The Possibility of Ending Sexual Violence in War: Nadia Murad #2018NobelPeacePrize

The week had been busy and Friday was here, I looked forward to a relaxing weekend. Ready to sort out a few tasks for the day, the TV was tuned to CNN and there written on the screen was – Breaking News- 2018 Nobel Peace Prize to be announced shortly. My interest was immediately turned on and I sat to follow the unfolding story. Soon Berit Reiss Anderson, the chairman Nobel Peace Prize committee, stood on the podium briefing press men and out came the names of two individuals who have been lending their voices and working hard at ending sexual violence and genocides – Denis Mukwege and Nadia Murad. I wanted to know more about these two persons and so here I am getting ready to share a few of my findings on their stories in two separate posts.

I could never hope to capture their pain, agony, struggles and tireless efforts at mending others and speaking up to get the international community and everyone in the world to end this war crime – Sexual violence/rape as a tool for war.

But I’d like to simply share their work and story briefly in the bid to say, “I salute your courage; thank you for giving yourself so others can live in a safer world”.

                               NADIA MURAD 

Nadia Murad
Photo Credit: SBS

As I watched a few video recordings that documented a few of Nadia’s speeches, advocacy campaigns and the film, “On her shoulders”; I got a glimpse of her personality and not just her picture. One can see and feel her pain as she struggled bravely to share her story and mostly appealed that something should be done to save the Yazidis from the Islamic State’s (ISIS) determination to eliminate her people. In the documentary film, “On her shoulders”, she wept and had to wipe away her tears so she could be strong for those who looked to her as a voice for their freedom. Tears welled up in my eyes too – there is no amount of telling that will ever be able to explain or paint the picture of what she and other girls must have gone through in the hands of their abductors; not to mention the pain of losing loved ones as well.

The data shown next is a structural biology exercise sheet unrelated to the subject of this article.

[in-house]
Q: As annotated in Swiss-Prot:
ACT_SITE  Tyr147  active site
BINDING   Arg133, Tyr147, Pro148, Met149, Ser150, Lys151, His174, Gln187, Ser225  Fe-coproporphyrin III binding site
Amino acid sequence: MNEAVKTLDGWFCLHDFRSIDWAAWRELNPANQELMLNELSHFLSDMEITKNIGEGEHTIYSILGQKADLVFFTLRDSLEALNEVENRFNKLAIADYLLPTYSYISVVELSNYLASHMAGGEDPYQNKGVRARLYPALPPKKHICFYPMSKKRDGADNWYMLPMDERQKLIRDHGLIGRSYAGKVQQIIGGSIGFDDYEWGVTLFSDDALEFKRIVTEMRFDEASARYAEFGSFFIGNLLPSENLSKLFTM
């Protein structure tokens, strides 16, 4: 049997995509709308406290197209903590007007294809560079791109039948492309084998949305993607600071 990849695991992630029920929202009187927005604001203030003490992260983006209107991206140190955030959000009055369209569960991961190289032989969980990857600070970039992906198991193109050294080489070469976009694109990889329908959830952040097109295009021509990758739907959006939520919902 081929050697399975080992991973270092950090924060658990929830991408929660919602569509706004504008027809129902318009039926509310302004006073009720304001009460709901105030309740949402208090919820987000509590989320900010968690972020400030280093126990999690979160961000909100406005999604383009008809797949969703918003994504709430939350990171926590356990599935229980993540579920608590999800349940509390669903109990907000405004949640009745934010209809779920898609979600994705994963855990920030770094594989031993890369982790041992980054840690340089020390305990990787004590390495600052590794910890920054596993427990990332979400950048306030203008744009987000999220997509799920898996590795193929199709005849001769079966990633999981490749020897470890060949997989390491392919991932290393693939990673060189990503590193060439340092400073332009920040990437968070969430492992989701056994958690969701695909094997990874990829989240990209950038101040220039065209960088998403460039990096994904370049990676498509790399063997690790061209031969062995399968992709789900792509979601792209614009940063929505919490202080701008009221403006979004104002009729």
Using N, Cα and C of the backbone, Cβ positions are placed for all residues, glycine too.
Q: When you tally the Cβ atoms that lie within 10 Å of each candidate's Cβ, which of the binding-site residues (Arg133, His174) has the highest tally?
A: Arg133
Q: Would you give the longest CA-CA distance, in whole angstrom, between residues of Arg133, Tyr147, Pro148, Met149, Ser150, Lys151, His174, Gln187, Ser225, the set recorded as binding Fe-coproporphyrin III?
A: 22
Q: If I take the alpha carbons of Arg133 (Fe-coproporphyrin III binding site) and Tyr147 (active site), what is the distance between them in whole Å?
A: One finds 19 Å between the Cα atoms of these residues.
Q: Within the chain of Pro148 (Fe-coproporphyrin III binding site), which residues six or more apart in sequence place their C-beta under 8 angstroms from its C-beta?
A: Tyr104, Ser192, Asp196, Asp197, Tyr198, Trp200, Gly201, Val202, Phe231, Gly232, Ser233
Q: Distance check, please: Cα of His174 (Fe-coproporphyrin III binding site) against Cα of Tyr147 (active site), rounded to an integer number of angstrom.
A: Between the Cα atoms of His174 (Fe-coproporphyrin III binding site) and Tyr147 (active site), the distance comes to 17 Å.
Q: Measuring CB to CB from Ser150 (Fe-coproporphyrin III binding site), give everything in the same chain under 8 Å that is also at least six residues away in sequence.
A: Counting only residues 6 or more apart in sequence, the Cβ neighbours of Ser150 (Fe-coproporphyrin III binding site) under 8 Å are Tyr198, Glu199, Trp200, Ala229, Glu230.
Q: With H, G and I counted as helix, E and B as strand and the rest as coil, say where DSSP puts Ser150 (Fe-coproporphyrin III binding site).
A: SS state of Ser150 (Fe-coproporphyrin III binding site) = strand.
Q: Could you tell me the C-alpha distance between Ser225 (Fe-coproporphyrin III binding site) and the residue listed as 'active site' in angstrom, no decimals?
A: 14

Nadia Murad Basee Taha was 19 years old when the Islamic State (ISIS) attacked her community and killed scores of people, abducting thousands of women and girls. Nadia was taken to the city of Mosul where her ISIS abductors did whatever they wished with her and others; she was beaten, tortured and raped. Three months later she managed to escape and ended up in a refugee camp and got lucky as one of those who benefited from the refugee program by Germany.

The horrific story of her experience in the hands of ISIS soon broke out and ever since Nadia Murad has been a voice speaking against the genocide of Yazidis and sex slavery as a weapon of war. She recounts her experience and remembers how her mother, brothers and many other families were murdered.

Tired of re-telling her story as reporters badged her with loads of questions about what happened Nadia In her words said: “Do not ask me questions about how I felt when I was raped but instead ask me about how to stop sexual violence; how women and girls can be protected from being used as sex slaves during wars. “I want justice for the Yazidis”

Nadia’s quest to draw the attention of everyone who can do something to end the plight of her people in the hands of ISIS led her to start the “Nadia Initiative”, to engage in advocacy and provide support for genocide victims in 2016.